The powers come as a cool addition to the point and click genre though, forcing you to think outside your inventory and manipulate your environment. Another nice feature of Memoria‘s gameplay is the space bar function, which reveals all the clickable locations on a  screen, saving you from clicking tirelessly at every object as if you were Prof Layton on a hunt for hint coins.


Memoria‘s shining glory comes from its epic environments, providing sweeping landscapes that give the illusion of depth and movement to what are, in essence, still images. Each area is so full of colour and detail that they manage to tell a story all on their own, capturing the descriptive heart of The Dark Eye universe, an RPG so large it rivals that of Dungeons & Dragons and the source material for Daedalic Entertainment’s last two adventures. Combined with a well crafted soundtrack that utilises the relaxing sound of the lutes and the epic highs of orchestral strings, the land of Aventuria is admirably realised, doing high fantasy a great service.


Character design is strong (with the exception of Geron’s perturbed resting face of course) creating some delightfully creepy characters. Stilted vocals and occasional awkward movement work against this however, as the vocal tracks seem to be recorded in fragments meaning that conversation doesn’t always flow. A character can go from talking gently to speaking frantically all in the same sentence for no reason whatsoever. There is also very little breathing space between tracks, meaning lines become rushed and tend to trip over themselves.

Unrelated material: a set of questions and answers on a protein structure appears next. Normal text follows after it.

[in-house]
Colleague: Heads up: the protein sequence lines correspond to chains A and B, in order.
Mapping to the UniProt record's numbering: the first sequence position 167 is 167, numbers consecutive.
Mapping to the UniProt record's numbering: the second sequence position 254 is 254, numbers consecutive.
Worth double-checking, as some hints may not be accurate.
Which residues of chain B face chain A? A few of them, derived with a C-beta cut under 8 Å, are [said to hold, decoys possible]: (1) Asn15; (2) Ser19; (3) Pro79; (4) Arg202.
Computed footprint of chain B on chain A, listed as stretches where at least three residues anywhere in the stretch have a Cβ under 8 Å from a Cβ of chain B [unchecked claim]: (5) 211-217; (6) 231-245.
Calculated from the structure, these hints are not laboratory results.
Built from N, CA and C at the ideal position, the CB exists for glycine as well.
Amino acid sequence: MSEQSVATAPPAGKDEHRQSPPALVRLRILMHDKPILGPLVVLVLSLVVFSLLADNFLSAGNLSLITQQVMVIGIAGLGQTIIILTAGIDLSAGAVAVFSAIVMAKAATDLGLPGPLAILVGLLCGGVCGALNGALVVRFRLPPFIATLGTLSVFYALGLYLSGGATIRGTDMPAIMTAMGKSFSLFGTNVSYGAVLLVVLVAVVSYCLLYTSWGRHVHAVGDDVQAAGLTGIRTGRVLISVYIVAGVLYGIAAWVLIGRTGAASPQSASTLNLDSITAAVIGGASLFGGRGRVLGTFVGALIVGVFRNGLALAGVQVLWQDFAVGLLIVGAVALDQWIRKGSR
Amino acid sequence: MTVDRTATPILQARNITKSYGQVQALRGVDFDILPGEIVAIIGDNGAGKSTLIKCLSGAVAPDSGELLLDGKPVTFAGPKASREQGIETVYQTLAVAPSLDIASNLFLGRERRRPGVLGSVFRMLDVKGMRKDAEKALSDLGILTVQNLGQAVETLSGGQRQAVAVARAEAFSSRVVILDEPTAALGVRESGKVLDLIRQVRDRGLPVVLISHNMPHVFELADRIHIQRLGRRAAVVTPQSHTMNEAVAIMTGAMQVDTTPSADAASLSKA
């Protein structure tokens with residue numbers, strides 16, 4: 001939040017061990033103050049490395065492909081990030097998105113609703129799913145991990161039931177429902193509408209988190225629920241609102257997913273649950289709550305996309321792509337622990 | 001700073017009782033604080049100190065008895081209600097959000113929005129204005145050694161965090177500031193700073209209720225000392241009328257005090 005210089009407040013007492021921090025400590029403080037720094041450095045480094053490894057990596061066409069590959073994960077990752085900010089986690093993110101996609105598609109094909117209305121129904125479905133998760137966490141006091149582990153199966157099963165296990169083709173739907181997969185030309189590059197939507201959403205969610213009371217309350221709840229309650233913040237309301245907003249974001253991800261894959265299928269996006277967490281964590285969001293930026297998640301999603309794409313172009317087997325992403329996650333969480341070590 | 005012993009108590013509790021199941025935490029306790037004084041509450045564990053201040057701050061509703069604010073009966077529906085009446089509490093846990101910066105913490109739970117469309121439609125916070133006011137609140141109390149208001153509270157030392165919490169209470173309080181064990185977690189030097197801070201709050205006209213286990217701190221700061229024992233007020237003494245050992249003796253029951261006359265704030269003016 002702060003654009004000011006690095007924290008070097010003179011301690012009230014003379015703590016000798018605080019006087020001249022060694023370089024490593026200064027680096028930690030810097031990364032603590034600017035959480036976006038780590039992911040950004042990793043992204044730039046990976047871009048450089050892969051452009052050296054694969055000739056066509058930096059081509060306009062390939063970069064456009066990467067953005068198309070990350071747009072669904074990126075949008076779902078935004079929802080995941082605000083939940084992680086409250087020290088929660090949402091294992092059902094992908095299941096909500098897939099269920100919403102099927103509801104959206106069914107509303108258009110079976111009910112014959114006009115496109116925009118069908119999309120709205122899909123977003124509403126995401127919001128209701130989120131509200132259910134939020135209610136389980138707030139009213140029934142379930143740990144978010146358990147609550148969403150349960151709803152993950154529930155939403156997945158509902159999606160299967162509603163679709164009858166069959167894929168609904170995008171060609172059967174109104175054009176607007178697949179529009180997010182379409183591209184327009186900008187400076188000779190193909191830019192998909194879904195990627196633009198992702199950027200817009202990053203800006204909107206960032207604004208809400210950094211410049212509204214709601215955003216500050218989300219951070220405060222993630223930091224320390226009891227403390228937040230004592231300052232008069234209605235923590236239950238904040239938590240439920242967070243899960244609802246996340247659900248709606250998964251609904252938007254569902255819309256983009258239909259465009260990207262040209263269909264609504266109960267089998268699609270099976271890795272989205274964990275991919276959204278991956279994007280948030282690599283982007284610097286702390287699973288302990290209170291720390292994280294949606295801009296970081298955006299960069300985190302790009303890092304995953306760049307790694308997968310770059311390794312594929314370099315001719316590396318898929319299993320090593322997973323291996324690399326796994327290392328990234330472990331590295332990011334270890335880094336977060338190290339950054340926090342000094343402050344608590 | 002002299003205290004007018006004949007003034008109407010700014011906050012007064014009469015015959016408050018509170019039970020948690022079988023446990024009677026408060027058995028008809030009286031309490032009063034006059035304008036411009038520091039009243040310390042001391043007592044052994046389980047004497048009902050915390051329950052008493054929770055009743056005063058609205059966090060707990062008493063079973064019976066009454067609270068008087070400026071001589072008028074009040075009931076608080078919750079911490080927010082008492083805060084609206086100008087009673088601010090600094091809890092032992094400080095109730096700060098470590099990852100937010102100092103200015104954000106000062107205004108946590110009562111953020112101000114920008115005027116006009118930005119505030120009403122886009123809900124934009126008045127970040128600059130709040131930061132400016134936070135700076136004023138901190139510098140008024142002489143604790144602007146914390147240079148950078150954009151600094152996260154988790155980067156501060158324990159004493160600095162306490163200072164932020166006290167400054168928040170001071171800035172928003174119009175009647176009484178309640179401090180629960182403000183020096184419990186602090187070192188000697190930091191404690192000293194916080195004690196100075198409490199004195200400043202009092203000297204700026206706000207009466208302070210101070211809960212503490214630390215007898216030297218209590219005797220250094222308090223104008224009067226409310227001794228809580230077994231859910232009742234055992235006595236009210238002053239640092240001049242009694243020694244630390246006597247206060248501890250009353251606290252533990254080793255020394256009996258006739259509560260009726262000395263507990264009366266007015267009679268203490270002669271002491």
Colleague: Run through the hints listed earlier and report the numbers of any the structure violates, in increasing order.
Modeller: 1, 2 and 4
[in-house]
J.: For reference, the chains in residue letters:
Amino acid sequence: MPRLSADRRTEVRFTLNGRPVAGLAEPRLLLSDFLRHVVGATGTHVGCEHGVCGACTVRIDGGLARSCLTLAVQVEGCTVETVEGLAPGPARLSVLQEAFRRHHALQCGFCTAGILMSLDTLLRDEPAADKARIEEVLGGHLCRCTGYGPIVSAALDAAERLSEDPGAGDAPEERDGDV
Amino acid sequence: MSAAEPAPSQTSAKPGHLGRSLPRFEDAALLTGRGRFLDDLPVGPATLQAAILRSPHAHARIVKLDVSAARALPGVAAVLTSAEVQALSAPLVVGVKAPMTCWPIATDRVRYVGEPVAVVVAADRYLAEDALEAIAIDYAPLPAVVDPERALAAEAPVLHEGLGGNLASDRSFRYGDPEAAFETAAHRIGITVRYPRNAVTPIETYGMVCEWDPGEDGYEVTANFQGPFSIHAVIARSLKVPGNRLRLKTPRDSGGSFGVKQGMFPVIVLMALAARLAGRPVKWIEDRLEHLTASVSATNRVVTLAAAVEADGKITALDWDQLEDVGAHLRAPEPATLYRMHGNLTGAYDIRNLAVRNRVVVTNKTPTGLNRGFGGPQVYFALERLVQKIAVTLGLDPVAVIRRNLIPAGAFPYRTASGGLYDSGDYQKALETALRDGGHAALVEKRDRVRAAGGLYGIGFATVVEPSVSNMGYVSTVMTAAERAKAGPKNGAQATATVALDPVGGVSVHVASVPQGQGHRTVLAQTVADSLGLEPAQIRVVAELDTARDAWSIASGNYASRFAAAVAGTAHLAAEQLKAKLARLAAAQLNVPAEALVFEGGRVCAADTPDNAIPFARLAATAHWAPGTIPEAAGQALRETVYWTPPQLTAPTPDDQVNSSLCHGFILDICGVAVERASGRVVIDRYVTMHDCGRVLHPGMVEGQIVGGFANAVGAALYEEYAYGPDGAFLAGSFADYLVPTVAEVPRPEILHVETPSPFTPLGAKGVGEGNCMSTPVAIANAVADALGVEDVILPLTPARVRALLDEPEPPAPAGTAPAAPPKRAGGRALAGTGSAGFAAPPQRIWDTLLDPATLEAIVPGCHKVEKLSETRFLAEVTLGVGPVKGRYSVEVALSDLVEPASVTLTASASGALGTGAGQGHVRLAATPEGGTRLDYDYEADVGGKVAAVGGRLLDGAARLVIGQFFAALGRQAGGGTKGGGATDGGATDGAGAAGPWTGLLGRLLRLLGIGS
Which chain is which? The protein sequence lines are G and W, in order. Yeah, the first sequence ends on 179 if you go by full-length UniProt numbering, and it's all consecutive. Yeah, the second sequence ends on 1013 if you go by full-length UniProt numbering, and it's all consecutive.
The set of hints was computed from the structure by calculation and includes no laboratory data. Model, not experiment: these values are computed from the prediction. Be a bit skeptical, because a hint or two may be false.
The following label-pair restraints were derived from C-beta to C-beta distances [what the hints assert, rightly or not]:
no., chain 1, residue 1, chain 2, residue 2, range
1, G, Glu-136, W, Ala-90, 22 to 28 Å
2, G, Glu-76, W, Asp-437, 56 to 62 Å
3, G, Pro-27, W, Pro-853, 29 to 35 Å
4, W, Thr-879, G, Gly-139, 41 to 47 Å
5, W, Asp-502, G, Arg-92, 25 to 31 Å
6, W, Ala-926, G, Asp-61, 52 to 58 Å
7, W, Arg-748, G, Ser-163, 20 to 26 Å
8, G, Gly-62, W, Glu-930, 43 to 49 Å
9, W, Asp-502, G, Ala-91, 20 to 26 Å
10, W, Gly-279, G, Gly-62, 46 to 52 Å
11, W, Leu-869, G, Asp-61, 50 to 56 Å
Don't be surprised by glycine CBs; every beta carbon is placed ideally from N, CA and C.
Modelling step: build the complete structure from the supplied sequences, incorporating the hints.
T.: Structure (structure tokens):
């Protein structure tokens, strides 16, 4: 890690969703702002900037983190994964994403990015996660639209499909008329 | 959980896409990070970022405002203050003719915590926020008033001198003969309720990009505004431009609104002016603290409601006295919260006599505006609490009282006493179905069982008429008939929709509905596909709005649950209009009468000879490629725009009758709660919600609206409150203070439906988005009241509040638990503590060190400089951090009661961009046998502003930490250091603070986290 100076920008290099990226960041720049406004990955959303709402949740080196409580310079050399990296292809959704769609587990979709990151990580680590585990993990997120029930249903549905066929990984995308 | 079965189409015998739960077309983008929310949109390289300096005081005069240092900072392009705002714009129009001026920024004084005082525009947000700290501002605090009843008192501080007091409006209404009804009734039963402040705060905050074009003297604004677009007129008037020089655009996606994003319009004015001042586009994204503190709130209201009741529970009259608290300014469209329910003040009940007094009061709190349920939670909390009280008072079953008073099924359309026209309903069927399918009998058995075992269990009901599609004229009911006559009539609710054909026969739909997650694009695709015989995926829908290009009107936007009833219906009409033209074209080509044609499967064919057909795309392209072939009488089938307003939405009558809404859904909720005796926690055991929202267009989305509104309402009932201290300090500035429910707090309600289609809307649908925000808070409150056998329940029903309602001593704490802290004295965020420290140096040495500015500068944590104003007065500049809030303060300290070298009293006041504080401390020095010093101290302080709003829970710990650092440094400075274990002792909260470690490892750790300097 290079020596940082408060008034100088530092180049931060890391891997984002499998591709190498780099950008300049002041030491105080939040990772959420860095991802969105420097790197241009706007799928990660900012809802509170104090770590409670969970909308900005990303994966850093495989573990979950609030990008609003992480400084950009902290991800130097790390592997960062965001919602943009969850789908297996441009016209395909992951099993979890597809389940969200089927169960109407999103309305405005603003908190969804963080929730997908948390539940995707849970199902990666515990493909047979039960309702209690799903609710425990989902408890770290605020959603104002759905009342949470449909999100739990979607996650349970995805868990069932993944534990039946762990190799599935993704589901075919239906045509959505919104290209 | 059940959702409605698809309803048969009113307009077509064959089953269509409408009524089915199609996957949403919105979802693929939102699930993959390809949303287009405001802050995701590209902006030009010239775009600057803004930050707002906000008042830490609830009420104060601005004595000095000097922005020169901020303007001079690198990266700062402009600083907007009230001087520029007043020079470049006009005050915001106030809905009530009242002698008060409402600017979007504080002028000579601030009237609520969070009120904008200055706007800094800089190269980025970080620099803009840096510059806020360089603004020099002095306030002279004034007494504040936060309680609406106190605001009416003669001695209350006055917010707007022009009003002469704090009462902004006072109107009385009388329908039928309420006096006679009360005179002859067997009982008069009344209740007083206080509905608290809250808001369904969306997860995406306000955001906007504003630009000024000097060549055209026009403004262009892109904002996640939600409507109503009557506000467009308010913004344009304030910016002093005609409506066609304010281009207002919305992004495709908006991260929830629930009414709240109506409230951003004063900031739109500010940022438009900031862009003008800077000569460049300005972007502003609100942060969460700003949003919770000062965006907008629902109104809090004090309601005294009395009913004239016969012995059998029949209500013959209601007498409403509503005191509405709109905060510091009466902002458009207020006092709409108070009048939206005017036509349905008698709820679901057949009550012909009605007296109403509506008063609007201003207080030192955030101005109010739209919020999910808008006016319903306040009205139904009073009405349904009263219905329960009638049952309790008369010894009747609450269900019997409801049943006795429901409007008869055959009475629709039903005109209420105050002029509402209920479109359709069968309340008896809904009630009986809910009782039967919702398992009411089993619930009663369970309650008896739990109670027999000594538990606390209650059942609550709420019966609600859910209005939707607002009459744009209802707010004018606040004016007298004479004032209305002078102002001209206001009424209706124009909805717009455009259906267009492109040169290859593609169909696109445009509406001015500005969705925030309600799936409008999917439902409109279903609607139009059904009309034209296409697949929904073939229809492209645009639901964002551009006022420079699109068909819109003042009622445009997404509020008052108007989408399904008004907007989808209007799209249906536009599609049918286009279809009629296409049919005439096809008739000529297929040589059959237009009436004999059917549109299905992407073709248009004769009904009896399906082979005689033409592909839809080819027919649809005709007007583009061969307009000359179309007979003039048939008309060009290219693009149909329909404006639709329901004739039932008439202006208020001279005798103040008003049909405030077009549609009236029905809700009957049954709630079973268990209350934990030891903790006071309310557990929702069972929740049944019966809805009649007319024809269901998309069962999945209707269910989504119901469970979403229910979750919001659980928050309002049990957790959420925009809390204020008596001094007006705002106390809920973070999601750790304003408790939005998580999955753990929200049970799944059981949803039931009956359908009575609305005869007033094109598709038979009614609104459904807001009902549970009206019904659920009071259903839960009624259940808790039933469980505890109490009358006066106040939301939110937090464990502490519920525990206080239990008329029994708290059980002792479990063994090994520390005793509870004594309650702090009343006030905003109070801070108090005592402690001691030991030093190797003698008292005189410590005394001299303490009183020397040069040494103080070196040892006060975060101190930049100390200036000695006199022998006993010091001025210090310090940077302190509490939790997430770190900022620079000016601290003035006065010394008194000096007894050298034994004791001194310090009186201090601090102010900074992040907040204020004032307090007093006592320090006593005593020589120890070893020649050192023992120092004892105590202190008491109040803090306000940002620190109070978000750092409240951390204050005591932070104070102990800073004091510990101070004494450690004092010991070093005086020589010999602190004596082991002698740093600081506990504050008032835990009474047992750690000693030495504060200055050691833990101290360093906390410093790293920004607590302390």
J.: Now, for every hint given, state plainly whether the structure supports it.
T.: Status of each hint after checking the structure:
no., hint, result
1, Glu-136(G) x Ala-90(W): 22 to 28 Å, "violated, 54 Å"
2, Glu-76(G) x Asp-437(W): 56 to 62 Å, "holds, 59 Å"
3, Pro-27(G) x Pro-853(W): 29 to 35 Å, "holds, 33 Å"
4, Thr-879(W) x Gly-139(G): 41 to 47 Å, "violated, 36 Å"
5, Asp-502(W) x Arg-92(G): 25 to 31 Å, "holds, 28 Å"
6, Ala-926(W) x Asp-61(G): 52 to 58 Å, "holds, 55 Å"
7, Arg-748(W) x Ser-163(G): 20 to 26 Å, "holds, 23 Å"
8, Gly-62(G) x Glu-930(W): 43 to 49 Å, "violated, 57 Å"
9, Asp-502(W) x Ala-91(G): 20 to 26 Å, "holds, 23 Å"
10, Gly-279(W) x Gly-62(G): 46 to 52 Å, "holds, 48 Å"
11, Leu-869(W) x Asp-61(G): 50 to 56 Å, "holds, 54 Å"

Movement combines 2D character skins with an impressive 360 degree rotation, but the resizing of characters as they move closer/further away from the camera can sometimes lag behind, looking awkward and clumsy. In addition, Geron’s movement seems stilted as his arms sway back and forth but the rest of his body remains rigid. This again may be attributed to a fault in his initial character design and that ‘derp’ expression I keep harping on about. But in all seriousness, he’s ‘derp’ personified.

A good puzzle is a trickster at heart: simple puzzles that are deceptively complex, for example, or complex puzzles that are actually quite simple. Despite being filled with lesser attempts, Memoria’s storyline proves to be the greatest puzzle of all, redeeming its parts by intelligently binding the narrative with what ends up being a rather well constructed riddle. It is for this reason that fans of The Dark Eye series should fork out the twenty odd dollars that Steam asks. Hell, depending on your end-game decision “Mr Unlikely” himself can even exhibit a moment of redemption. A brief moment, mind you, but a moment all the same.


Environments | Score | Princess Sadja's storyline


Geron | Voice acting | Puzzles lack reward

Overall Score: